If you run regularly, you will be familiar with tight, sore muscles and the occasional injury. In addition to regular Strength training paired with right nutrition and sleep, doing the right post-run stretching can help your muscles cool down and prepare for your next workout.
Contrary to popular belief, according to physical therapists, there aren’t many studies that support stretching before you run Corey Rovzar, Ph.D. In some cases, it can actually affect performance.
“But stretching after a run is great because you’ve already done those miles and it’s more of a recovery,” says Rovzar. “It should always be done gently. Just a nice, light stretch that should feel good and help the muscles cool down a bit. “
Here are Rovzar’s favorite trails after running, with subtleties on how to maximize them.
1. Kneeling hip flexion stretch
“The biggest limitation I usually see in runners is the tightness of the hip flexors and how it affects their running form,” says Rovzar. “This stretch helps you get the hip extension you need while running.”
- Start with your right knee on the floor and your left knee forward in a lunge position.
- Keep your torso straight and lean forward with your hips until you feel a stretch.
- Hold for 20-30 seconds, then switch sides.
2. Thread the needle
“Any exercise that increases the mobility of the chest, i.e. the upper back, is important because when you run you want your upper body to rotate,” says Rovzar. “You don’t want this rotation to just come from your hips. This only makes you more prone to injury and your hips will overcompensate for when your thoracic spine doesn’t have the flexibility. “
- Starting on all fours on the floor, do a table position with your body – your hips should be just above your knees. Elbows, shoulders, and wrists should be in a straight line perpendicular to the floor.
- Take your right arm and thread it under your left arm by twisting your torso to the left.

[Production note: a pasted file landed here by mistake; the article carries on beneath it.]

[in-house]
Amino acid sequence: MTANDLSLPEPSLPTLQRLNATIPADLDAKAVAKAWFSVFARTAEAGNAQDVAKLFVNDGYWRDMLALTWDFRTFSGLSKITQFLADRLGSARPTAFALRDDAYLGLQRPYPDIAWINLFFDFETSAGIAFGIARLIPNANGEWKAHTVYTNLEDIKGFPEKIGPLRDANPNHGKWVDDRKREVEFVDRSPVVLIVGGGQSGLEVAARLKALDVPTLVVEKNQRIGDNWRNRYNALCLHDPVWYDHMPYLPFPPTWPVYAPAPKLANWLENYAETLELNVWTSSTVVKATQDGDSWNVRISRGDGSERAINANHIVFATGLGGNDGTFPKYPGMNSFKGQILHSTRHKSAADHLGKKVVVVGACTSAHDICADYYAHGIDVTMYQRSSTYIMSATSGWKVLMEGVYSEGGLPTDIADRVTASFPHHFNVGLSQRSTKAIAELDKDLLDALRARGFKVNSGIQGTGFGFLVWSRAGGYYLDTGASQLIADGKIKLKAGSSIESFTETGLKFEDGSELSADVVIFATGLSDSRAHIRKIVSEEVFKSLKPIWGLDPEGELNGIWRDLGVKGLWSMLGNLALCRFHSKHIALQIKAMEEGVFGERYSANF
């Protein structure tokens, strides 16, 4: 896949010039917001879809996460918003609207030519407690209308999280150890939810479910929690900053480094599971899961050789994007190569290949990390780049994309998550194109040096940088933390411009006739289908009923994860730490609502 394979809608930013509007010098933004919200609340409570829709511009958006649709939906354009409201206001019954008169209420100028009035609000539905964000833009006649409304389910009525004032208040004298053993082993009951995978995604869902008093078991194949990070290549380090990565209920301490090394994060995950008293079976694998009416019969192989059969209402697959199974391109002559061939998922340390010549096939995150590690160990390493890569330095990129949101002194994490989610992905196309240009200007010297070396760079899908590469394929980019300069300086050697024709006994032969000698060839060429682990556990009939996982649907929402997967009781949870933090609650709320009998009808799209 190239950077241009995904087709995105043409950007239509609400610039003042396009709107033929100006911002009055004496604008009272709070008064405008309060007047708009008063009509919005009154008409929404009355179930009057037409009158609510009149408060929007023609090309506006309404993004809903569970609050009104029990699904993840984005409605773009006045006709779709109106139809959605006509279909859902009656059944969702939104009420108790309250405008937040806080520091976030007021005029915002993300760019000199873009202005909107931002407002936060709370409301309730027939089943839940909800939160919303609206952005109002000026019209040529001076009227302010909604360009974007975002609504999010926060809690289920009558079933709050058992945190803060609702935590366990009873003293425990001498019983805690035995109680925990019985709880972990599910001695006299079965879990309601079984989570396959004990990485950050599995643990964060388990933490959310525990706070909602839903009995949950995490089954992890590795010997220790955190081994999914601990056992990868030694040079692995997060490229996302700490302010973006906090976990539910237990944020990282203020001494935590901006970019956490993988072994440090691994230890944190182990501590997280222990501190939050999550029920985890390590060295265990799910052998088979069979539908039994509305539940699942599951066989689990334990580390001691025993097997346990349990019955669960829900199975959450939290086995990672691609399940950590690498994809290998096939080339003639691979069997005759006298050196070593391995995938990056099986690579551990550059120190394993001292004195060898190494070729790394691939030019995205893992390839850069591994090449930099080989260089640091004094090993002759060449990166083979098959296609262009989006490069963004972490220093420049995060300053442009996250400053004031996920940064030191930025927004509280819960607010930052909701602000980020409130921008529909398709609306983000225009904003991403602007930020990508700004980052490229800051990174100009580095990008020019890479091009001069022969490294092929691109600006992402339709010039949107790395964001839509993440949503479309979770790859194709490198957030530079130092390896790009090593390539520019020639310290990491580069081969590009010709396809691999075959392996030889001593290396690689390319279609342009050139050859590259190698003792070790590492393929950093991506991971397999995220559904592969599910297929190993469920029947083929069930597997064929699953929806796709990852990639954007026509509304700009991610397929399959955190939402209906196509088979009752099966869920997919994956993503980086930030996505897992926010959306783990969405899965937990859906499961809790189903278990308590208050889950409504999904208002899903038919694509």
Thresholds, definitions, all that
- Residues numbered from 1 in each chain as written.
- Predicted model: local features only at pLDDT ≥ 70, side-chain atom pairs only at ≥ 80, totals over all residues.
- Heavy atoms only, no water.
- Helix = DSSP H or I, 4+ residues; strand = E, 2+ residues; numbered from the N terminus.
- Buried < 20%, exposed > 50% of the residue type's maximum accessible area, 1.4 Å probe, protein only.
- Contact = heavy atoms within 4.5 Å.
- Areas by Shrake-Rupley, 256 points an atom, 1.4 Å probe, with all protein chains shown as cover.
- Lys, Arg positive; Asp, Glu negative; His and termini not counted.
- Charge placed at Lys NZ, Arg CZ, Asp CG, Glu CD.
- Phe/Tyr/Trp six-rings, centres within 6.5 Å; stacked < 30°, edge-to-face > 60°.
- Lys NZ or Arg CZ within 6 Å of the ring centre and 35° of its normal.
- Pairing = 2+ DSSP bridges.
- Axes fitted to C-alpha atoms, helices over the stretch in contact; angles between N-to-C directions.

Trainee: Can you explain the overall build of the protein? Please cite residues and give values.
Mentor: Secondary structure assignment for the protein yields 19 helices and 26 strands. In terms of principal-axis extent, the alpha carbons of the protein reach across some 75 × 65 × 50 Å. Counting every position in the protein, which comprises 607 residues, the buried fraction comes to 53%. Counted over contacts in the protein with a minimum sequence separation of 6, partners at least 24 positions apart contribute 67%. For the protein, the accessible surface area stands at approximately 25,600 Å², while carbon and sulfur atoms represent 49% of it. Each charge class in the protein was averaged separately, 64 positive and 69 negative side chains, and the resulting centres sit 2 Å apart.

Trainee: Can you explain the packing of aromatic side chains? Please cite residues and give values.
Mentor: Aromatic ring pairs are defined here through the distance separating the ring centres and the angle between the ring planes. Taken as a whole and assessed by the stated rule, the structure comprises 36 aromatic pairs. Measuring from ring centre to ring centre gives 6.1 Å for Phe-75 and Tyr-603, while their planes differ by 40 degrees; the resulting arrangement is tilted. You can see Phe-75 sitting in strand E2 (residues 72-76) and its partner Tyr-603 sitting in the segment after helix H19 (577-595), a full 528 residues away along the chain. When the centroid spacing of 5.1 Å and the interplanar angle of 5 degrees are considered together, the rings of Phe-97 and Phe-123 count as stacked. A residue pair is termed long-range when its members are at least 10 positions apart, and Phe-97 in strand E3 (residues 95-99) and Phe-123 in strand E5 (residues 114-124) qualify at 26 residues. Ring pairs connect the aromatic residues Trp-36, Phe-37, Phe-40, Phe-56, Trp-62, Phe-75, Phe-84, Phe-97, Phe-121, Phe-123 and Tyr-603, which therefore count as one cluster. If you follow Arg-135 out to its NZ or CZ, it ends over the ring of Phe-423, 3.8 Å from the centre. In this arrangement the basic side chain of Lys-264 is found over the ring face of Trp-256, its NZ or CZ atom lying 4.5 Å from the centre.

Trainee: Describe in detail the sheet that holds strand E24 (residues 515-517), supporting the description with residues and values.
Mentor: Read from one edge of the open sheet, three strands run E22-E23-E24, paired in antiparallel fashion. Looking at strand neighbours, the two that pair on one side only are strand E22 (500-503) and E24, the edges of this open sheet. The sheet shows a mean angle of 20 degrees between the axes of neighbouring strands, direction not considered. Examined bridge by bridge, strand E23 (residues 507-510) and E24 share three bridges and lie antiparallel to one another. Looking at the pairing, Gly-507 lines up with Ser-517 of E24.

- Put your right shoulder and temple on the floor.
- Keep your left arm straight and extend it palm down over your head.
- Hold for 30 seconds (or more), then switch sides.
3. Stretching the hamstring while sitting
“In general, when you run, your hamstrings and the entire back (back chain) tend to cramp as these muscles are used a lot. So if you can make these hamstrings a little more supple, this can relieve the feeling of tension. “
Sit on the floor and stretch your right leg forward.
- Bend your left leg with your knee against the floor and your left foot on the inside of your right thigh.
- Hold on to your right foot, bend forward at the waist and keep your back straight.
- Hold for 30 seconds, then switch sides.
4. Quad stretch
“Downhills are tough on quads because the braking mechanism works them a ton. When your quads are very tight, it increases the force going through the knee, which can often lead to pain or discomfort. So you want to maintain good flexibility by keeping your quads nice and supple. “
Standing as straight as possible, grab your right foot and lift it up behind you.
- Gently pull your heel towards your buttocks to feel the stretch. Remember to keep your knee tight, not winged.
- Hold for 15-30 seconds and then switch sides.
5. Calf stretch
“The calves, like the hamstrings, are part of this rear chain and actually absorb seven times the force of your body weight when you run. Calves are often neglected from a strength standpoint – it’s a big deal to show these calves some love because they really are the workhorse. “
Stand on the edge of a curb, staircase, or exercise step and keep your heels off the edge.
- Start by getting up on your toes (hold onto a wall or railing for balance).
- Slowly lower your heels under the step.
- Do 3 sets of 15 – this will both stretch and strengthen the calves.
* Don’t have access to levels or a Sims? Stand in front of a wall. With both feet flat on the floor, shift your weight onto your back foot until you feel a stretch in the calf of that leg. Change after 30 seconds.
6. Seated hips and stretching the IT tape
“The IT tape is quite prone to getting tight, especially when people tend to overcompensate by using their quad / IT tape instead of their buttocks. The combination of IT ligament stretching with a certain strengthening of the gluteal muscles can do a lot, especially for people who tend to have tightness in the IT area or pain in the outer knee. “
- Sit on the floor with your legs outstretched.
- Cross your right leg over your left and bend your knee so that your right foot is flat on the floor.
- Rotate your body to look over your right shoulder until you feel a stretch.
- Hold for 30 seconds and then switch sides.
7. Pigeon stretching
“This comes along with this calf and hamstring chain complex where your glutes work hard and are prone to tension, especially when you run a lot uphill. Buttock stretching is good for maintaining flexibility and calming things down after a hard run. “
- Start on all fours and extend your left leg behind you with your hips pointing forward.
- Bend your right knee with your shin on the floor.
- Slowly step forward with your hands and lean into the stretch for 5-10 seconds.
- Switch sides and repeat.
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